Monday, August 27, 2012

hey you... kid

As I mentioned in my last post -- a long time ago -- we are super happy with the daycare we chose for our kids. We still are. And I'd still recommend it to people. The last few times I've left her, Natalie has cried for me at the door. She hasn't done that since we left Old School, but I think it has something to do with neither of her regular teachers being in her room at drop off.

But that isn't the problem.

The problem is that one of Natalie's teachers cannot pronounce her name correctly only pronounces her name correctly about 25% of the time. Most of the time, Ms. M pronounces it "ne-la-dee" (rhymes with melody). Ms. M is a fantastic teacher and caregiver otherwise. She talks beautifully, but with a very obvious accent. I believe she's Jordanian. When she pronounces Natalie's name correctly, it sounds like Nedalie, which is fine. A name that is pronounced correctly with an accent is perfectly okay with me, and in fact I'd expect it.

I work pretty closely with a woman of Indian ethnicity. Natalie's Papa George is full-blooded Irish. And Matt and I have traveled enough separately and together that we consider ourselves to be pretty darn culturally-minded individuals. (That's not really a term. I just made it up. You know what I mean though, right? :) I mean, we're taking the kids to England and France in just two weeks (omigosh, two weeks already?! so much to do!!). We intend to expose them to as much culture as possible. It would be irresponsible of us to teach Natalie that everyone will talk, look, or believe the same way she does.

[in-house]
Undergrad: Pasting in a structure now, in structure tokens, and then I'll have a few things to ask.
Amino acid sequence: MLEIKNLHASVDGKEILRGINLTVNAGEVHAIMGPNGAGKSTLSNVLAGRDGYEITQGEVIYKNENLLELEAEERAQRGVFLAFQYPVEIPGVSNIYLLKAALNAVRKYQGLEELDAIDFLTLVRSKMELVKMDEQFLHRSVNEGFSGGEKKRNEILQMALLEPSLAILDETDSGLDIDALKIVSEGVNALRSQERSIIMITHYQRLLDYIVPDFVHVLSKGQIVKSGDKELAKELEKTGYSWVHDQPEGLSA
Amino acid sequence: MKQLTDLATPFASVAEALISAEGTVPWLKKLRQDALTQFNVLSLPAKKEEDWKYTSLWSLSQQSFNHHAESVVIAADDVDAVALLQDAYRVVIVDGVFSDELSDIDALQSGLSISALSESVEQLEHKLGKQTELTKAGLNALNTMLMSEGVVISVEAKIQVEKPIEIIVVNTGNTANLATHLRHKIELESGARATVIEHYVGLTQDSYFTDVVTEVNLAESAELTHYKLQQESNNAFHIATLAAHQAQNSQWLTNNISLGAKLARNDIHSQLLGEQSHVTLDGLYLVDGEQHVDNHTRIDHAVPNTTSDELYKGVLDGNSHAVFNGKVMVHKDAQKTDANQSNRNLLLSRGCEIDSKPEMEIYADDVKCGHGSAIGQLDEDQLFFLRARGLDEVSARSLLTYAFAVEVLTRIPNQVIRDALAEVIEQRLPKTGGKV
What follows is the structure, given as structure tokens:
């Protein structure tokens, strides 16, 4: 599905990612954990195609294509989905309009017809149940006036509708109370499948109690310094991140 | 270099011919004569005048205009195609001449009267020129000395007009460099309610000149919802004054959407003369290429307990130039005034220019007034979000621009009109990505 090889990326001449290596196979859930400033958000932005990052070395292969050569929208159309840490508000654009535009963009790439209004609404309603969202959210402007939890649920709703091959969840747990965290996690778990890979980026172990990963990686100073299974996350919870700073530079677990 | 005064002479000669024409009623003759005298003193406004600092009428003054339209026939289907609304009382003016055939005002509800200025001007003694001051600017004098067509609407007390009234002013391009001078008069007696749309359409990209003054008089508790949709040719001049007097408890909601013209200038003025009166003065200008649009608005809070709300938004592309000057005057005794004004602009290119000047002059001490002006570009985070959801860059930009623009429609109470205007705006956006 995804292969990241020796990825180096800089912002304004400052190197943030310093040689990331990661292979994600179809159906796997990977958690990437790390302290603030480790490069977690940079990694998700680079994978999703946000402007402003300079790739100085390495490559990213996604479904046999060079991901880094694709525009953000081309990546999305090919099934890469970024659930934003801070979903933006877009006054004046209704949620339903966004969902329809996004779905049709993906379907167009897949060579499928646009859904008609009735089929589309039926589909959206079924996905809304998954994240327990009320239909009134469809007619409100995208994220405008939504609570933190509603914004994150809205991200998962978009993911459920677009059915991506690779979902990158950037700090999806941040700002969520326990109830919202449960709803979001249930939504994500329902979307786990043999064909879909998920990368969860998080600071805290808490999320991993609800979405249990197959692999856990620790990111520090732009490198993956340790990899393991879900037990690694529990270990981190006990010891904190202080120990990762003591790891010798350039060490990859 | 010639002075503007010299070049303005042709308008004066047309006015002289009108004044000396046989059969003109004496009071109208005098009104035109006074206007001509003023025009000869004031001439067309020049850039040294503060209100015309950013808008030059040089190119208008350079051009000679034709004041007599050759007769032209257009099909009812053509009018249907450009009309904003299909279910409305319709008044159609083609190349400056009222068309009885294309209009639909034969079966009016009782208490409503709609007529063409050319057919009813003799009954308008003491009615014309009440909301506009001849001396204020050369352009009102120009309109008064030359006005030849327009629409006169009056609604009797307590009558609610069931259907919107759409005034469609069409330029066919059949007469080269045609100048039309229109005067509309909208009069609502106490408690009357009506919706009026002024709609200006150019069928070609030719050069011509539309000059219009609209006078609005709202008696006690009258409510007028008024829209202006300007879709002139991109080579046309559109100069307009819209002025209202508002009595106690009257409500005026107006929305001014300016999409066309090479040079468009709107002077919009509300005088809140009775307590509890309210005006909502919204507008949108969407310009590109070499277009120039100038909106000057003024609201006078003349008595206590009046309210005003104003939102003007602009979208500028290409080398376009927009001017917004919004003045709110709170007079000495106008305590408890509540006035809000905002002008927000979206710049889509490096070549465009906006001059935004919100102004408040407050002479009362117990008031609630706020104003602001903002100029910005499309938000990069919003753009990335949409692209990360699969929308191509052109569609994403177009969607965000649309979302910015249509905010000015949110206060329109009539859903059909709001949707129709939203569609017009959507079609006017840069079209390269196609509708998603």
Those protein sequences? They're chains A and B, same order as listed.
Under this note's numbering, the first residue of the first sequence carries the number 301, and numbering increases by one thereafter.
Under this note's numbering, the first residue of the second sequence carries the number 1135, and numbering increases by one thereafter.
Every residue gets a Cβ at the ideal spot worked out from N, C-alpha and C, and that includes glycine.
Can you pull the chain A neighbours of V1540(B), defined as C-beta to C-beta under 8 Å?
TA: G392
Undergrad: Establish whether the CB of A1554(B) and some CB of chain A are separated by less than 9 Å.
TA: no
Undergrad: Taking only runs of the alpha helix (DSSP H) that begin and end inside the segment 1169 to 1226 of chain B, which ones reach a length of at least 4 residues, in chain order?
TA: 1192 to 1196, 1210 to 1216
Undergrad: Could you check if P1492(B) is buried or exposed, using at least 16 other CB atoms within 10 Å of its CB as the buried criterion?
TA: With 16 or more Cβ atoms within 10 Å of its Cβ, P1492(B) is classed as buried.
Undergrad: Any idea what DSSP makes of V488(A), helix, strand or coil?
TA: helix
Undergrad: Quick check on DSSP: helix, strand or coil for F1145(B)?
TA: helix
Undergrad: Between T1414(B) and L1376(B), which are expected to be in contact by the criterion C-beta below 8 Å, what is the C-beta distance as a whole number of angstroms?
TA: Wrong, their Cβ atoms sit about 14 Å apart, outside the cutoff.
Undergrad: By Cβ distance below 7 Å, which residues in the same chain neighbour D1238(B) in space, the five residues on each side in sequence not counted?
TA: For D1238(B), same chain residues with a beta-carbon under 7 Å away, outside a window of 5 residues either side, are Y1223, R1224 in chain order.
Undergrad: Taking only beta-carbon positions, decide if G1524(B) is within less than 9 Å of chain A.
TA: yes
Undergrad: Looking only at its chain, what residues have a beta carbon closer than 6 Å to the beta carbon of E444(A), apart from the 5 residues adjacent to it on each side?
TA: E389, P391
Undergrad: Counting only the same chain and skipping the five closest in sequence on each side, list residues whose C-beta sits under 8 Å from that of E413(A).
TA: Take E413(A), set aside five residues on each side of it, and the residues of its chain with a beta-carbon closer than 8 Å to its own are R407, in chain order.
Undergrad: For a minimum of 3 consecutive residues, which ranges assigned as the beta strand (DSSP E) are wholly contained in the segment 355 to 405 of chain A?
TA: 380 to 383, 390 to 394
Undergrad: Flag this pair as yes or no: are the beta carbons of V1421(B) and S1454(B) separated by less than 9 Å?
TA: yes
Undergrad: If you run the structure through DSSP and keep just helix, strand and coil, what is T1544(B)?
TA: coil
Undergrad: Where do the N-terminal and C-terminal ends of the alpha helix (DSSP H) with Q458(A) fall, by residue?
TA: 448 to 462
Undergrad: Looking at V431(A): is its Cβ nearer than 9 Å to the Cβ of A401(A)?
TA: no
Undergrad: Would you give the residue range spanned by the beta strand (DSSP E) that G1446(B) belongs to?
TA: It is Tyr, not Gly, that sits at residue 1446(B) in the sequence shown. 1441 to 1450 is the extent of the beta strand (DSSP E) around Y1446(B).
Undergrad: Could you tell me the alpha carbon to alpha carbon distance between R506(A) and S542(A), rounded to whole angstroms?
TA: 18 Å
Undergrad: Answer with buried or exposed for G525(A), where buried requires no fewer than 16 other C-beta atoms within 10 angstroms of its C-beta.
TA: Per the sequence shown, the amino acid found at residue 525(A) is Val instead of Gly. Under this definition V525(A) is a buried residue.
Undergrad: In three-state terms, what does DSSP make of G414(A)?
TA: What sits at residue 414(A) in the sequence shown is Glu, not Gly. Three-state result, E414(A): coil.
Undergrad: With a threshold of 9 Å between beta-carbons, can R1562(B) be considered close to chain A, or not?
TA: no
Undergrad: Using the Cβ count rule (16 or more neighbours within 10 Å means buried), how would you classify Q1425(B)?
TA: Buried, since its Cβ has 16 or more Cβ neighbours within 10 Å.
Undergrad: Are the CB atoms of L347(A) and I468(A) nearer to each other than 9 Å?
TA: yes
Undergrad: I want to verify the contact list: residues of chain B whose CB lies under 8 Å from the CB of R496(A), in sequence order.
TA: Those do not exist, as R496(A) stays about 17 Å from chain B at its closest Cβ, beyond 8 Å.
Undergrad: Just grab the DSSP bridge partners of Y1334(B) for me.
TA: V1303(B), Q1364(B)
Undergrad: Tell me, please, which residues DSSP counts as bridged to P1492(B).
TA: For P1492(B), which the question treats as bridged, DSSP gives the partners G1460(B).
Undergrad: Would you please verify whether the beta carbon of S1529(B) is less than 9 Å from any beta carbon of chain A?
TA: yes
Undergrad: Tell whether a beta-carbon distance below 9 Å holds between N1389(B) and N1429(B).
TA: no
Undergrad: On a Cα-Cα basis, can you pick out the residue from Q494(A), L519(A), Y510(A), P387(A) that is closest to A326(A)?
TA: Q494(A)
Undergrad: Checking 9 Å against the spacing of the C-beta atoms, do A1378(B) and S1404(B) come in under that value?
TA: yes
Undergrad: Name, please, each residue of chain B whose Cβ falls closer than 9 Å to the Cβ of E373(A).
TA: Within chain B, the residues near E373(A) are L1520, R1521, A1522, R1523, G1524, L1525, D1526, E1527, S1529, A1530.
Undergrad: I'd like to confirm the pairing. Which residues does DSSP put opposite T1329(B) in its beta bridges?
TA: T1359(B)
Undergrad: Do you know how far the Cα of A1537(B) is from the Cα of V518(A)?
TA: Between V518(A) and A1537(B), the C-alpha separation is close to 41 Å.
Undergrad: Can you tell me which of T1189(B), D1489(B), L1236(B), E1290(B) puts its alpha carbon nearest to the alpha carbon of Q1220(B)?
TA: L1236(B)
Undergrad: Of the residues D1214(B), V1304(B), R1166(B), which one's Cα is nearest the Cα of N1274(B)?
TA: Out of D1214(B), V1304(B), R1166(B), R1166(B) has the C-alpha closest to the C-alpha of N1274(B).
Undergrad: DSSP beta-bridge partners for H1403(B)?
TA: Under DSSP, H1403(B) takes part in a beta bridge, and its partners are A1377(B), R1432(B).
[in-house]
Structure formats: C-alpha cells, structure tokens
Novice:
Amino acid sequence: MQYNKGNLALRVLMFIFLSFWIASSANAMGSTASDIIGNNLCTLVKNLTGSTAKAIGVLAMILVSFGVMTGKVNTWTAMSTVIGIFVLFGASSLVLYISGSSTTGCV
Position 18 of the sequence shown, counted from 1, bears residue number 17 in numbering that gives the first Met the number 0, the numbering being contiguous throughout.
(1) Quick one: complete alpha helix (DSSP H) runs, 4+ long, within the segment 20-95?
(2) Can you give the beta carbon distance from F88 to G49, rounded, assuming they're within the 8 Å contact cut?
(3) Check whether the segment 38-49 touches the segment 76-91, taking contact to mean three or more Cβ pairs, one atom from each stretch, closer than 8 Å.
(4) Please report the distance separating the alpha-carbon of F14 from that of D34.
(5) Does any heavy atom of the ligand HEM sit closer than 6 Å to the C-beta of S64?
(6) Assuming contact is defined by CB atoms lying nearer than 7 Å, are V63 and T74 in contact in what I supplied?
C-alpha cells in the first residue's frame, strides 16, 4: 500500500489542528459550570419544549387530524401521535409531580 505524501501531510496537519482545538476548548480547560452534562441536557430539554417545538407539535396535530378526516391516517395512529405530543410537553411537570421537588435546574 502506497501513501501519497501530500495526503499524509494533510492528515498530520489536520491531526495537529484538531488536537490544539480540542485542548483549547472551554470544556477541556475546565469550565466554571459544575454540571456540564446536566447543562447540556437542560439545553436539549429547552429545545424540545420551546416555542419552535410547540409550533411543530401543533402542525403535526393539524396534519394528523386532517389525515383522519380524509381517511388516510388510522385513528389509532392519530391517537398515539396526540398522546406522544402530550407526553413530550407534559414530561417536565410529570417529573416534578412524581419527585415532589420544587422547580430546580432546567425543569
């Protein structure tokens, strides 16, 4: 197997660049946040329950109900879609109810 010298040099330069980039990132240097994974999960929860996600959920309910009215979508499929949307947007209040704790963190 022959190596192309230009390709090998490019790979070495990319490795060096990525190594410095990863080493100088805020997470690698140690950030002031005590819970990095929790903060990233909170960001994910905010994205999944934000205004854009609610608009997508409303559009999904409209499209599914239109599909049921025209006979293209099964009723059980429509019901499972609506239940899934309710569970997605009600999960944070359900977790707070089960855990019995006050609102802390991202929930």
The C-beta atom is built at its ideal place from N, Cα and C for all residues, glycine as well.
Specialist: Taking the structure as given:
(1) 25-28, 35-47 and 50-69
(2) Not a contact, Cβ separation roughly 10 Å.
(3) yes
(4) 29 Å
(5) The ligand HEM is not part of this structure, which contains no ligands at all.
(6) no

But recently, Natalie has mispronounced her own name. She started out joking that her name was Neladie. When I said lightly, "That's not your name silly goose. What's your name?" She tripped over it. She's known her name for a long time, but she tripped over it because she was calling herself Neladie. She's done that twice in the last month or so. Not a lot, I'll grant you.

Sometimes I lightly ask her, "That's not your name, who calls you that?"
To which she replies, "Ms. M calls me that."
"And what do you say when Ms. M calls you Neladie?"
"I say 'my name NAtalie'."
That's right you do.

I mentioned to the director of the daycare that Ms. M was mispronouncing Natalie's name, and she implied that I was judging Ms. M based on her ethnicity. She literally said to me, "Just because she talks a little bit differently, I want you to know that she's one of my very best teachers."

I'm getting hot-headed and I don't want to. I hate drama, and I don't want to get on the bad side of Natalie's teachers or the administration. I need help. Should I pursue this? Should Natalie -- at age 2 -- have to correct her own teacher? Should I let it go or make it a lesson about how we are all unique? I need help.